During the height of the market, many purchased multi-family properties meant to serve as an investment in their future. Unfortunately, with home prices at their peak, these “investments” often proved to be the opposite…
10 years after purchasing a Bridgeport, CT multi-family home, this seller found himself with a property worth less than half of what he paid, dealing with troublesome tenants, and consistently paying losses on the home every month.
He had spent many years waiting in vain for the market to recover, hoping to be able to sell the property and be rid of his bad investment. Bridgeport has seen one of the worst fall outs from the housing crash and has never seen anything remotely close to a full recovery. When the over leveraged home became such a liability that no lender would give him a mortgage to purchase a new home to live in, he decided it was time to take action. He decided to cut his losses and attempt to short sell the property.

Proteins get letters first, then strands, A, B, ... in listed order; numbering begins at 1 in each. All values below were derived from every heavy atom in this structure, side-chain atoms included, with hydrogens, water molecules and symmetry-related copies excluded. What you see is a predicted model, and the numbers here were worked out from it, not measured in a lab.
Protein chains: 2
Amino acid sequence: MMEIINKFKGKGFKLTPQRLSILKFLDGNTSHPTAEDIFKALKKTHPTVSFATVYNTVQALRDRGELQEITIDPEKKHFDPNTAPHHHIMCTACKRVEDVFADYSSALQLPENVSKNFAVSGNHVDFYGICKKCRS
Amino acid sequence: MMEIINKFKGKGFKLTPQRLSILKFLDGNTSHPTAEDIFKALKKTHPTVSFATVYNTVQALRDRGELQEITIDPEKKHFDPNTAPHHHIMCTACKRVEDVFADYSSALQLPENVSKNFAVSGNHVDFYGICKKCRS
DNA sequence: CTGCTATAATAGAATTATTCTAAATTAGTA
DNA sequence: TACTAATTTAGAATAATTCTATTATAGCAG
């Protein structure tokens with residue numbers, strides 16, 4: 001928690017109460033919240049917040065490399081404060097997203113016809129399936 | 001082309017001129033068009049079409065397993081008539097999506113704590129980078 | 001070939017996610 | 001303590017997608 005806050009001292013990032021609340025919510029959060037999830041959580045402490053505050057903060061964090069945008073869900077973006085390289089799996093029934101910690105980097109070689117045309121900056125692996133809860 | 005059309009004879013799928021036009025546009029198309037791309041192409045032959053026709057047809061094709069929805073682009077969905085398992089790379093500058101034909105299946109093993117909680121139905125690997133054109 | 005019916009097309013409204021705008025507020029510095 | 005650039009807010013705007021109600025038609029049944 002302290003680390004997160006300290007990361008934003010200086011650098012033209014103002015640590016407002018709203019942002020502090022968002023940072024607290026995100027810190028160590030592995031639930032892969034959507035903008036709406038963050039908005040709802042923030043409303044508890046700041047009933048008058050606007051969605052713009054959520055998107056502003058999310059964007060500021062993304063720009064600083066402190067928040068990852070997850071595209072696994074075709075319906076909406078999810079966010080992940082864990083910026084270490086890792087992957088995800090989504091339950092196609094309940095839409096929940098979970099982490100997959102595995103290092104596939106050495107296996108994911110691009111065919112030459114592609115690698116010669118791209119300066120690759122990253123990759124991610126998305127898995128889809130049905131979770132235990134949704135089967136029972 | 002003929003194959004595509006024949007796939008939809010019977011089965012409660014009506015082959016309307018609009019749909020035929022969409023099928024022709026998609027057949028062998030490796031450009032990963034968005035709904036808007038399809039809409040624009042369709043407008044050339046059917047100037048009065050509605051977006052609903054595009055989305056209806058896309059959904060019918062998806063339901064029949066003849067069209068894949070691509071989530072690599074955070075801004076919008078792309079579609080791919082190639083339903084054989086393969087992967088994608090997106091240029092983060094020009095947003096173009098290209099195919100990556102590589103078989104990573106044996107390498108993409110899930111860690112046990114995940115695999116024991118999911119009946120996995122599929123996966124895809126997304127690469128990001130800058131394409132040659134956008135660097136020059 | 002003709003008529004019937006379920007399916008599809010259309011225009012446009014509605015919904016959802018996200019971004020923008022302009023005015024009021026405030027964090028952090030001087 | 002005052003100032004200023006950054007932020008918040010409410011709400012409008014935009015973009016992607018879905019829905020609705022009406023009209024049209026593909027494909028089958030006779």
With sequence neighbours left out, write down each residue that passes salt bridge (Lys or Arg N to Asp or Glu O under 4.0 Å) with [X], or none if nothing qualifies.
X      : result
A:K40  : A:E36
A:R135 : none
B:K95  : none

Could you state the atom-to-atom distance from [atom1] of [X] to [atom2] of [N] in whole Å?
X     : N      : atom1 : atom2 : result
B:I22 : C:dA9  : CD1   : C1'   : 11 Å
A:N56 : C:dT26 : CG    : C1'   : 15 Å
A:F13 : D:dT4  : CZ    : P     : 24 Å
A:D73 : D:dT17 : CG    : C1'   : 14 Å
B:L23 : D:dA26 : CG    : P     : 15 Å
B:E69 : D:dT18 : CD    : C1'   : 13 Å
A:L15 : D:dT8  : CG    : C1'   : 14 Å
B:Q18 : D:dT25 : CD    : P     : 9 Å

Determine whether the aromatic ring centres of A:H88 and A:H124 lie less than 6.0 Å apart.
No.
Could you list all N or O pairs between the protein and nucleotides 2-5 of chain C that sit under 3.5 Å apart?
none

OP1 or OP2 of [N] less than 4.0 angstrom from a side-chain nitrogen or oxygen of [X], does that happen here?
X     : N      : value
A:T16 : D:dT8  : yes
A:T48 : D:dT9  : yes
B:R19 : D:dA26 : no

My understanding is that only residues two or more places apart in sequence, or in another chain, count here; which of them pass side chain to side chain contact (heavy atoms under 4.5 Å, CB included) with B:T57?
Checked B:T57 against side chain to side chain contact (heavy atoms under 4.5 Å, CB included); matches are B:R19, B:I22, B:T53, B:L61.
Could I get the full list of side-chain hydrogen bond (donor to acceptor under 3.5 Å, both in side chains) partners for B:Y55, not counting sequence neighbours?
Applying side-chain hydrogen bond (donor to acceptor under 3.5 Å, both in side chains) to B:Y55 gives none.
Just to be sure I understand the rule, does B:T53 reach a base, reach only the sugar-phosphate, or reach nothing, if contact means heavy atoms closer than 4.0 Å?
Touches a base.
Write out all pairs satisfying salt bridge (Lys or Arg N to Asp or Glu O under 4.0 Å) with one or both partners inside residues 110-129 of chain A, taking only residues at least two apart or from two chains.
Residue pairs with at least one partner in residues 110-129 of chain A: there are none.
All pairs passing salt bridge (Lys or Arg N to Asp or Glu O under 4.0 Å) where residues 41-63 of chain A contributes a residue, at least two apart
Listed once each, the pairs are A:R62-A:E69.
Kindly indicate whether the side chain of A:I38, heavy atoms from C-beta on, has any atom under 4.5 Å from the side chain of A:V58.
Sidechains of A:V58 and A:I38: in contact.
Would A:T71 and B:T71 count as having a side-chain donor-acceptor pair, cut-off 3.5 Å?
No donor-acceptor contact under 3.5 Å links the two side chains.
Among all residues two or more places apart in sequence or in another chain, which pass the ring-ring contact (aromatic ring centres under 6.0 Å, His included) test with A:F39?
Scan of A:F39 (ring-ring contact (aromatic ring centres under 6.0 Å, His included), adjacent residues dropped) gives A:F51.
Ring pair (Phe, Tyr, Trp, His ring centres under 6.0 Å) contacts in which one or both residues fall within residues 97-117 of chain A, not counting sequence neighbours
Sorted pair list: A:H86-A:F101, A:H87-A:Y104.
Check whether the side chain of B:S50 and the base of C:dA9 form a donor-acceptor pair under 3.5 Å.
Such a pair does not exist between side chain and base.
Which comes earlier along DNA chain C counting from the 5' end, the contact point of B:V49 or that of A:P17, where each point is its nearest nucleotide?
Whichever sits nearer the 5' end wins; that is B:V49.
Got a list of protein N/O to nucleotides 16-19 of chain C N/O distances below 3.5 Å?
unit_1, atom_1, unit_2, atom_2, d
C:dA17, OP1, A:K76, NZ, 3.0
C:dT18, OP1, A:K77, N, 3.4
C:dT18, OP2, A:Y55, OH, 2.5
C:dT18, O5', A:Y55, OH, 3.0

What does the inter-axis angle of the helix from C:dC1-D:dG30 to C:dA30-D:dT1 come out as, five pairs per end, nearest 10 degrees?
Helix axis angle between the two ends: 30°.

Our client faced a tougher short sale for two reasons:
- He had never missed any payments on the property
- He had a good deal of savings (though not enough to pay the loss)
Lenders always scrutinize these sellers financial documents much more so than those from sellers behind on the mortgage payments. Lenders are also highly likely to ask for seller contributions or promissory notes or simply deny the short sale altogether.
Ultimately Citibank came back requesting the seller sign up for a large cash contribution and a promissory note of $70,000 payable over ten years!
Negotiations followed, with Citibank finally agreeing to approve the short sale and waive the deficiency in exchange for a $2,000 seller payment. Bank of America (holding a second mortgage) quickly followed, agreeing to fully forgive over $30,000.
Last Updated on December 5, 2019 by Minna Reid